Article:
We visited or viewed many of the touristy must-sees: the tranquil Al Seef recreated village on Dubai Creek (by “dhow,” a quaint wooden taxi boat), the massive Atlantis resort, the oh-so-chi-chi Dubai Marina and Smoky Beach, the towering sail-shaped Burj Al Arab (the only 7-star hotel in the world) and the bustling gold, spice and textile “souks,” or markets — where we accidentally spent not $63, but $630 on spices. Oops. We made Hassan’s day. (I blame this costly inability to do basic math on jetlag.)

But perhaps the most interesting stop we experienced was not on foot, but on our knees. Of the more than 9,000 mosques in the UAE, only two allow non-Muslims to enter the prayer hall. Natalia, who had converted to Islam a decade before, helped us don proper prayer attire (an abaya for me, a kandura for Ted) and we knelt on the floor of the Jumeirah Mosque prayer hall and learned all about her faith and love of God.


Checking out of the Armani was bittersweet — but we had a couple of other unique hotel experiences to look forward to.

I never would have believed, leaving the turbo-charged downtown area, that we would soon be enjoying a tropical paradise on Dubai’s famed Palm Island. The Anatara Beach Resort was a whole other world of indulgence, with a delightful twist.

I’ve stayed in hotels with swim-up bars, but never in one with swim-up rooms! (And, incidentally, the bar came to us, by kayak, right up to our lanai.) We floated in our lagoon, swam in the Arabian Sea, then took a taxi to the St. Regis hotel at the base of Palm Jumeirah, for a bird’s eye view of the amazing man-made archipelago.

These artificial islands, shaped like fronds of a palm tree can actually be viewed from space — and yet, in typical Dubai style, they took a mere six years to complete.


As fascinating as the glitz and glam of metropolitan Dubai was for us, our experience in the Dubai desert was perhaps the highlight of the trip.

Our first glimpse of this vast sandbox was from on high, in the spacious wicker basket of a hot-air balloon. We watched, awestruck, as the sun rose into an azure sky while gazelles, oryxes, camels and even giraffes (imported) roamed the desert sands below.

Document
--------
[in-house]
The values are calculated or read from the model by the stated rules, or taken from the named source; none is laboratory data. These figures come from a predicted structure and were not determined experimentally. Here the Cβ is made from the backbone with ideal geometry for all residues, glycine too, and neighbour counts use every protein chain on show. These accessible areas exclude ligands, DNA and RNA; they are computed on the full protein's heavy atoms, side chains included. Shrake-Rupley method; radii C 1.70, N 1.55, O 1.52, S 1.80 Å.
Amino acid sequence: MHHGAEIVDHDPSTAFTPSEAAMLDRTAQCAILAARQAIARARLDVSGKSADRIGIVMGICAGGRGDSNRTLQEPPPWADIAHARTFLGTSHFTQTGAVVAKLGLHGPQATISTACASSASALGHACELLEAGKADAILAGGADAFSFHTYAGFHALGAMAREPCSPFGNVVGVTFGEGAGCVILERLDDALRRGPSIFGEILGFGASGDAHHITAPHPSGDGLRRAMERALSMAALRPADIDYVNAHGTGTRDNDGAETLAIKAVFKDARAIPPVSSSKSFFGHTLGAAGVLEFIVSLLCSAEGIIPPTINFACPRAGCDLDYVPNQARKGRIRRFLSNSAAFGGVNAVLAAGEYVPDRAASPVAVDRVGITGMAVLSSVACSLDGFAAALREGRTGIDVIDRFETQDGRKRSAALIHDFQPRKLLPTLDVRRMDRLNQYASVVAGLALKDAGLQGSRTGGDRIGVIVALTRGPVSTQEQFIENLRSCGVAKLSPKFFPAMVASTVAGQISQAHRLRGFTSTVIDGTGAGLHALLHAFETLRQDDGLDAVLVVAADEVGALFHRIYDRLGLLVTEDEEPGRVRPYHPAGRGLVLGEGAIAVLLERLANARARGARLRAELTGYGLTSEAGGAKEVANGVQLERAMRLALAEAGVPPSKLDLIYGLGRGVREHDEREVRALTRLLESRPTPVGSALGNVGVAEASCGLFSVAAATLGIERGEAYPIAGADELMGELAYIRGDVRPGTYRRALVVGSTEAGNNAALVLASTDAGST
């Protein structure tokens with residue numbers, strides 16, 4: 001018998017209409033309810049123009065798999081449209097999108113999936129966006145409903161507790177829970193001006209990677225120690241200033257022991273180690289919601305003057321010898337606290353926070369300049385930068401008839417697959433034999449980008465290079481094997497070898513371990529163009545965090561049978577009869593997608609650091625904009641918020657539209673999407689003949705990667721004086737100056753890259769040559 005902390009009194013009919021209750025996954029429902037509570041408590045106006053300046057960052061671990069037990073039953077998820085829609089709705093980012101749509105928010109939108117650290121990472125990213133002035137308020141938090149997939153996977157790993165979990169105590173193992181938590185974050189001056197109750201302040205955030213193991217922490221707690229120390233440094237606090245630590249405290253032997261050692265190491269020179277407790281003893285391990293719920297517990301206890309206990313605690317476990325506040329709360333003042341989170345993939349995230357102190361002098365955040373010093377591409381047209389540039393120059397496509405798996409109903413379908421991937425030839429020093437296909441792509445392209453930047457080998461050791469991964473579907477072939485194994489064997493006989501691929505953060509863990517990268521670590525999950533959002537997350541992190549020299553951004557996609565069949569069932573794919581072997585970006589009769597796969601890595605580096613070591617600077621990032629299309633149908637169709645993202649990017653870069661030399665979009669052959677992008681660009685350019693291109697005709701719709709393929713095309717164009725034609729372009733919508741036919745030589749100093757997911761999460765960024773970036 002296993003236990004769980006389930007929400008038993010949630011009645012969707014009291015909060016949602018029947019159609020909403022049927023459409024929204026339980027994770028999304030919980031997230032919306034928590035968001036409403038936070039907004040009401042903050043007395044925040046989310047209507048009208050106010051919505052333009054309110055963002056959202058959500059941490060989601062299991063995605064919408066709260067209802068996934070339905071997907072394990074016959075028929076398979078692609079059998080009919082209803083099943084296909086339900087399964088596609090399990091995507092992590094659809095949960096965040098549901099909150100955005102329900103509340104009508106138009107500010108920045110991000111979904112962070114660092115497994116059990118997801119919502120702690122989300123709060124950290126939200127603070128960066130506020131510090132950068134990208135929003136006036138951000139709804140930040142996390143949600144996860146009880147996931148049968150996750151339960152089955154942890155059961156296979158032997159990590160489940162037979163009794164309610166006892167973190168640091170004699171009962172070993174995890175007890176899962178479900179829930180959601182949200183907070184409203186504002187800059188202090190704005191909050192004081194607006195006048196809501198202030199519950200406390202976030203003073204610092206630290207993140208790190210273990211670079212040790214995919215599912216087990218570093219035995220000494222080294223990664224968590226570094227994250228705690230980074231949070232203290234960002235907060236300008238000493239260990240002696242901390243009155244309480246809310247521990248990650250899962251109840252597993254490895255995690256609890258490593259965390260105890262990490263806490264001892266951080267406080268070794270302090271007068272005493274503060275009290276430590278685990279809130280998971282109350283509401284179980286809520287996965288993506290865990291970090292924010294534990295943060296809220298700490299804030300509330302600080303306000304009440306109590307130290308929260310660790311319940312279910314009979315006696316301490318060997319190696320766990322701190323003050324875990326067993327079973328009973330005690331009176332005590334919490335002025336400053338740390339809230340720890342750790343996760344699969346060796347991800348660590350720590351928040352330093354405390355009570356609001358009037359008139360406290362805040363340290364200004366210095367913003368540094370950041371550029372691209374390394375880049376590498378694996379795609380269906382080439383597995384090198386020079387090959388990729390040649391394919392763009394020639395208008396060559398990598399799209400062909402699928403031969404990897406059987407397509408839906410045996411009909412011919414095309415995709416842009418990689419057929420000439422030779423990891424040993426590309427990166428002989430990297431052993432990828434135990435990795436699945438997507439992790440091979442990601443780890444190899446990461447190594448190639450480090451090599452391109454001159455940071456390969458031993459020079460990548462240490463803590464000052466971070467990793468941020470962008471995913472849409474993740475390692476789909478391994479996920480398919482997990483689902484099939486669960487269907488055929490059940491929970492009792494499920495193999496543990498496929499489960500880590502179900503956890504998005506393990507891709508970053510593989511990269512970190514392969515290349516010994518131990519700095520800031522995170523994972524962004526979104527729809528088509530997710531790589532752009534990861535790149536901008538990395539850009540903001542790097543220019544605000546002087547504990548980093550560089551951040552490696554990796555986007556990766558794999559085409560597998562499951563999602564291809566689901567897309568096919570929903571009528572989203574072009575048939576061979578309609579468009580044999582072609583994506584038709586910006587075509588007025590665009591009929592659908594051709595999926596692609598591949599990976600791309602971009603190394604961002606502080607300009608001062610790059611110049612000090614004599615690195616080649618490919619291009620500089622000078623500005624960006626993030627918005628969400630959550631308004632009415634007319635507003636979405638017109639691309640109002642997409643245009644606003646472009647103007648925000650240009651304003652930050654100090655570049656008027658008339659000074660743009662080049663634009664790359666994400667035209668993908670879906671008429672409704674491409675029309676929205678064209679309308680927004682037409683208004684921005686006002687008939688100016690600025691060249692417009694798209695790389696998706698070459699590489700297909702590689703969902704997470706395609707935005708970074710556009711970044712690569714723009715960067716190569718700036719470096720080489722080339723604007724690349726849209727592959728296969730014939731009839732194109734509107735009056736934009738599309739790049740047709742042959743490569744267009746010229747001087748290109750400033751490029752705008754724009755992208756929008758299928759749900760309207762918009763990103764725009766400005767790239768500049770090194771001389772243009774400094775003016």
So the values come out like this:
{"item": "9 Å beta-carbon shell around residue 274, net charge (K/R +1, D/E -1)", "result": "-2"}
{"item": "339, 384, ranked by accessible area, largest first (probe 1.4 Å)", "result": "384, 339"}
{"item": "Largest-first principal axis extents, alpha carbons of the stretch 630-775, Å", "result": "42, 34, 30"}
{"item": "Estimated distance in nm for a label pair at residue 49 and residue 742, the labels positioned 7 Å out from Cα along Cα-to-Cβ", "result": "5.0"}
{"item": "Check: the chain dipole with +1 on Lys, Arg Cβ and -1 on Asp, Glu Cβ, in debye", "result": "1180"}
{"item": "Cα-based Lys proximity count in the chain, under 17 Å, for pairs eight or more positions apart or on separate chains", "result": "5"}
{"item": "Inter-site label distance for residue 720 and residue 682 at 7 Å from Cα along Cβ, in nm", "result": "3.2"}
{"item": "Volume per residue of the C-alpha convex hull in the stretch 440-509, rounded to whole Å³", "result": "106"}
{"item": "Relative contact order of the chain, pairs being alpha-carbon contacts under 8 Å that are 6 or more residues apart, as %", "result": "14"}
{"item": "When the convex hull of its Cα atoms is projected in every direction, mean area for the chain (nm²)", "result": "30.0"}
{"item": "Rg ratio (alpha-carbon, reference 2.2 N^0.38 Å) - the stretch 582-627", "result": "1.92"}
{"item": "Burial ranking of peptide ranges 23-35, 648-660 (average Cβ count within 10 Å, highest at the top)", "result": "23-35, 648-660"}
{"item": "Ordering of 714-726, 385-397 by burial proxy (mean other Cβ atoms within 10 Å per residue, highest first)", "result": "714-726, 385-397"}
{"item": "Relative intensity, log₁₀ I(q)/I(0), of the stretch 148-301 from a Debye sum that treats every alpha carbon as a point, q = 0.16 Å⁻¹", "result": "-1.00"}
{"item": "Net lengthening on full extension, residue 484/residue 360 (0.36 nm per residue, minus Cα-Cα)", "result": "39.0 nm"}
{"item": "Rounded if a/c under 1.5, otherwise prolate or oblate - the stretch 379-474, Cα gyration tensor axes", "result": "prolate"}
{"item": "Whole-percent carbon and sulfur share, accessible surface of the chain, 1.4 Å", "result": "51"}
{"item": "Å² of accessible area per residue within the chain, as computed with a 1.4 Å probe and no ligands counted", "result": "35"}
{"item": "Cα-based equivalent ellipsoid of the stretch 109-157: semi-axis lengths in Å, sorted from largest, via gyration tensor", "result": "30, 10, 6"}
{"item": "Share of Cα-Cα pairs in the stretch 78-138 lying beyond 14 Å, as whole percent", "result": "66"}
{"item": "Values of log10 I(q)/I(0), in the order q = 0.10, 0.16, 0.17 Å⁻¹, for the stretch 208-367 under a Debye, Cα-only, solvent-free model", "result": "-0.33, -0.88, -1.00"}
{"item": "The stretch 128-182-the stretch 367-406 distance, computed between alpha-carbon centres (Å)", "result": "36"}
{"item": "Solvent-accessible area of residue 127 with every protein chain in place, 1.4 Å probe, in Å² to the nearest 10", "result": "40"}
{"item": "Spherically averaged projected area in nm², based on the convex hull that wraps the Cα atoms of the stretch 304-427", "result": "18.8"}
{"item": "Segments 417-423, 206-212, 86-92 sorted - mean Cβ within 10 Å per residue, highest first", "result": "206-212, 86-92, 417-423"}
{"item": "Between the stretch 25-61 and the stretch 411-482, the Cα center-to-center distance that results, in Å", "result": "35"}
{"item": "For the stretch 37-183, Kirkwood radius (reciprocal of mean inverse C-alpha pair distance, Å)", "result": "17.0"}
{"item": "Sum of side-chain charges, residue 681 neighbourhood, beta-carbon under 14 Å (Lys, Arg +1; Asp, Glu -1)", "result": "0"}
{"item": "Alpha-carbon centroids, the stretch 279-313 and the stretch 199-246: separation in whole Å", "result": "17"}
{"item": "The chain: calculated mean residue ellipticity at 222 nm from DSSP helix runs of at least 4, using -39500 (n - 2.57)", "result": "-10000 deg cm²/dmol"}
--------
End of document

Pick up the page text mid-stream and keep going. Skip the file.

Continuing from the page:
Our accommodation in the desert was just as “bespoke” as the previous two. We stayed at the remote and luxurious Al Maha resort. The 42 villas on the property — all with private infinity pools overlooking the desert — were designed like Bedouin tents, adorned with sumptuous Arabian furnishings and genuine tribal artifacts.

Upon check-in, we were assigned our very own “Field Guide,” an adorable Aussie named Liam, who arranged for all our activities. Among them: dune bashing, camel caravanning, falconry demos, nature walks, archery lessons, spa indulgences and our final — and my favorite — “Dinner for Two in the Desert.”

I never know, when I’m booking these things in advance, what I’m gonna get. It’s a leap of faith. I suspected they might just throw a blanket on the sand 100 feet from the lobby, toss a picnic basket at us and call it good.

Oh, no, this is Dubai — and absolutely everything is over the top! Liam picked us up at our villa at sundown and drove us deeper into the dark desert — where, lit by flickering torches — a spread fit for royalty was laid out on a plush Persian rug. Liam tossed us a “burner” phone.

“Give me a bell when you’re ready to be picked up,” and off he drove.

Our six-course meal required eight pieces of cutlery each. We dined like

Sultans and then lay happily under soft pashminas — luxuriously alone and blessedly together — beneath a billion stars.

Cheers my love! Happy anniversary/ retirement/birthday. I think we have celebrated adequately, don’t you?


Sharla Dawn Gorder is a Pensacola Beach resident and columnist for the Island Times newspaper.  She is the author of “My Vices Collide; a Celebration of Being a Little Messed Up,” and is currently working on her next book, entitled “Crayon Dawn,” due out in October 2024.